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Parks can ignite growth in cities

Peter Harnik

Peter Harnik from the Trust for Public Land at the Atlanta Botanical Garden (Photo: Maria Saporta)

By Maria Saporta

Transit-oriented development now is becoming as common as highway-oriented development. The interdependent relationship between transportation and development has been undeniable.

But what about park-oriented development? Cities are now beginning to discover the economic ripples that come to communities when there are thriving parks close by.

“Something really good is happening in cities today,” said Peter Harnik, director of the Center for City Park Excellence for the Trust for Public Land. “It’s not as though we have reached urban nirvana, but the tide does seem to be turning.”

Harnik was addressing the 2015 Parks & Greenspace conference organized by the Park Pride advocacy organization. The title of this year’s conference was: “Parks & People: A Declaration of Interdependence.”

Peter Harnik

Peter Harnik from the Trust for Public Land at the Atlanta Botanical Garden (Photo: Maria Saporta)

Harnik has beeen measuring the relationship between healthy parks and thriving communities for years. Harnik has been championing the “Park Score” report that calculates how many people in an urban area live within a 10-minute walk (or a half-mile) from a park.

Trust for Public Land estimates that between 90 million and 111 million people in the United States do not live in neighborhoods that are close to a park.

So there are two options. Build more parks to increase the proximity of people living near parks. Or permit higher density development in communities that are next to parks.

Cities around the country are witnessing how parks are contributing to a resurgence in neighborhoods. There is the Millennium Park in Chicago or the High Line in New York City.

Atlanta has several examples of how parks and green space have bolstered development. Piedmont Park has become a magnet for people wanting to live in the city. Centennial Olympic Park has helped encourage several new developments around the park. And then there’s the Atlanta BeltLine and the Historic Fourth Ward Park, an area being lined with new developments.

“Park-oriented communities are economically beneficial to cities,” Harnik said.

Cities are having to be more creative to developing new green space – placing parks on the rooftops of building or discovering unused pieces of pavement that could be transformed into green space.

In Seattle and Dallas, parks have been built over highways. The goal is to build parks for people. Harnik said complete communities also need to have housing choices, different transportation options in addition to attractive parks and green space.

Once a park has been developed, the hard work begins.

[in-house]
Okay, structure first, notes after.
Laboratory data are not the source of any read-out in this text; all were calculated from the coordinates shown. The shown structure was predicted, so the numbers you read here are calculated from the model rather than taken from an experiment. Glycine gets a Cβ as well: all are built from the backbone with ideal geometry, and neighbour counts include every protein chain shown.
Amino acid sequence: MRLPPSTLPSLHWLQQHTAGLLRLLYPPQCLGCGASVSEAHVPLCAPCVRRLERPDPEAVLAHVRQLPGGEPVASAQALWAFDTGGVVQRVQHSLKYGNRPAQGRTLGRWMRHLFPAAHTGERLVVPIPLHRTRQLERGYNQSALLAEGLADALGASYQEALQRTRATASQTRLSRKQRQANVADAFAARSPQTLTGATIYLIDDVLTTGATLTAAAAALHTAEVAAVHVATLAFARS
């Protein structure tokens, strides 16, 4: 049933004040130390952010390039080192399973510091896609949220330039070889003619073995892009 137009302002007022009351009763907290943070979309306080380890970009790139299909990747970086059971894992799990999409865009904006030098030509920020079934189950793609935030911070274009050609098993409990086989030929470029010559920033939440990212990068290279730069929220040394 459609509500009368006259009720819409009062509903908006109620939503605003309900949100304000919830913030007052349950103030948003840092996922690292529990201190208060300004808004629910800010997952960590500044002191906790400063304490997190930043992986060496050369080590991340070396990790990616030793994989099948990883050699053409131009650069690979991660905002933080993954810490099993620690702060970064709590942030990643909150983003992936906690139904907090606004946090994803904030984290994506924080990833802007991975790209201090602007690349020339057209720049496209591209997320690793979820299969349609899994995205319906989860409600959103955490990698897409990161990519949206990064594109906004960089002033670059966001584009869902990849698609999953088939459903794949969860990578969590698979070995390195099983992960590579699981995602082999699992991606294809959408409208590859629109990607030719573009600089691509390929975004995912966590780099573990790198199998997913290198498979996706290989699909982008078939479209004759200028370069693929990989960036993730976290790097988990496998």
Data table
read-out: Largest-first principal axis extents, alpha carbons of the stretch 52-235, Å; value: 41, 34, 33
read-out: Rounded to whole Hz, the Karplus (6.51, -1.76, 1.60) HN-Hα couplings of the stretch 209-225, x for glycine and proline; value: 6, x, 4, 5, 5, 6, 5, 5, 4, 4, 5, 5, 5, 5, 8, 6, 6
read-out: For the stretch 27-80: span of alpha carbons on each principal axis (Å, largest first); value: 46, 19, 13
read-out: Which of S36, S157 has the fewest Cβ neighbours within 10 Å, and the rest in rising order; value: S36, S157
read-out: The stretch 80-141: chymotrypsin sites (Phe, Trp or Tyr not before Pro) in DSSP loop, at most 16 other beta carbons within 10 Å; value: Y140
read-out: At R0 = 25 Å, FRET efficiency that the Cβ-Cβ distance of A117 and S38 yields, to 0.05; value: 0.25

“Atlanta was the poster region for sprawl,” he said “Now it can be the poster region of renewed urbanization.

Cynthia Nikitin, senior vice president at Project for Public Spaces, said parks have to attract people.

“It’s about uses and programming,” Nitikin said. “Involving people in shaping public spaces benefits designers. We have to create public spaces that are responsive to the communities that they serve.”

Nikitin said that it’s relatively easy to attract people to parks. The secret is to offer food for sale, free wi-fi, seating and shade.

“We are creating a place, not just a design,” she said.

Park Pride also invited Alexie Torres-Fleming, executive director of the Access Strategies Fund.

Torres-Fleming told the story of the Bronx River Case Study. The 23-mile long Bronx River traveled through some of the poorest areas in the New York City region. In Atlanta, the case study for the Bronx River, is similar to the efforts underway for Proctor Creek.

She said the community residents need to take an active role in how a park is develops – calling it: “When Bad Planning Happens to Good People: The way to escape.”

The community had to be able to express their desires and to take an active role in the redevelopment of areas. In the Bronx, that meant painting signs that stated: “We needed to trust our wisdom,” she said, adding that it helped when they started holding up the following sign. “We live here. We’re experts too.”

It’s important that there is bottoms-up planning rather than top down. And then Torres-Fleming ended off her comments with the following words by Lao Tzu:

“Go to the people,

Lie with them,

Learn from them,

Love them,

Start with what they know.

Build with what they have.

But with the best leaders,

When the work i done, the task accomplished,

The people will say: ‘We have done this ourselves.'”

Maria Saporta

Maria Saporta, Editor, is a longtime Atlanta business, civic and urban affairs journalist with a deep knowledge of our city, our region and state.  Since 2008, she has written a weekly column and news stories for the Atlanta Business Chronicle. Prior to that, she spent 27 years with The Atlanta Journal-Constitution, becoming its business columnist in 1991. Maria received her Master’s degree in urban studies from Georgia State and her Bachelor’s degree in journalism from Boston University. Maria was born in Atlanta to European parents and has two young adult children.


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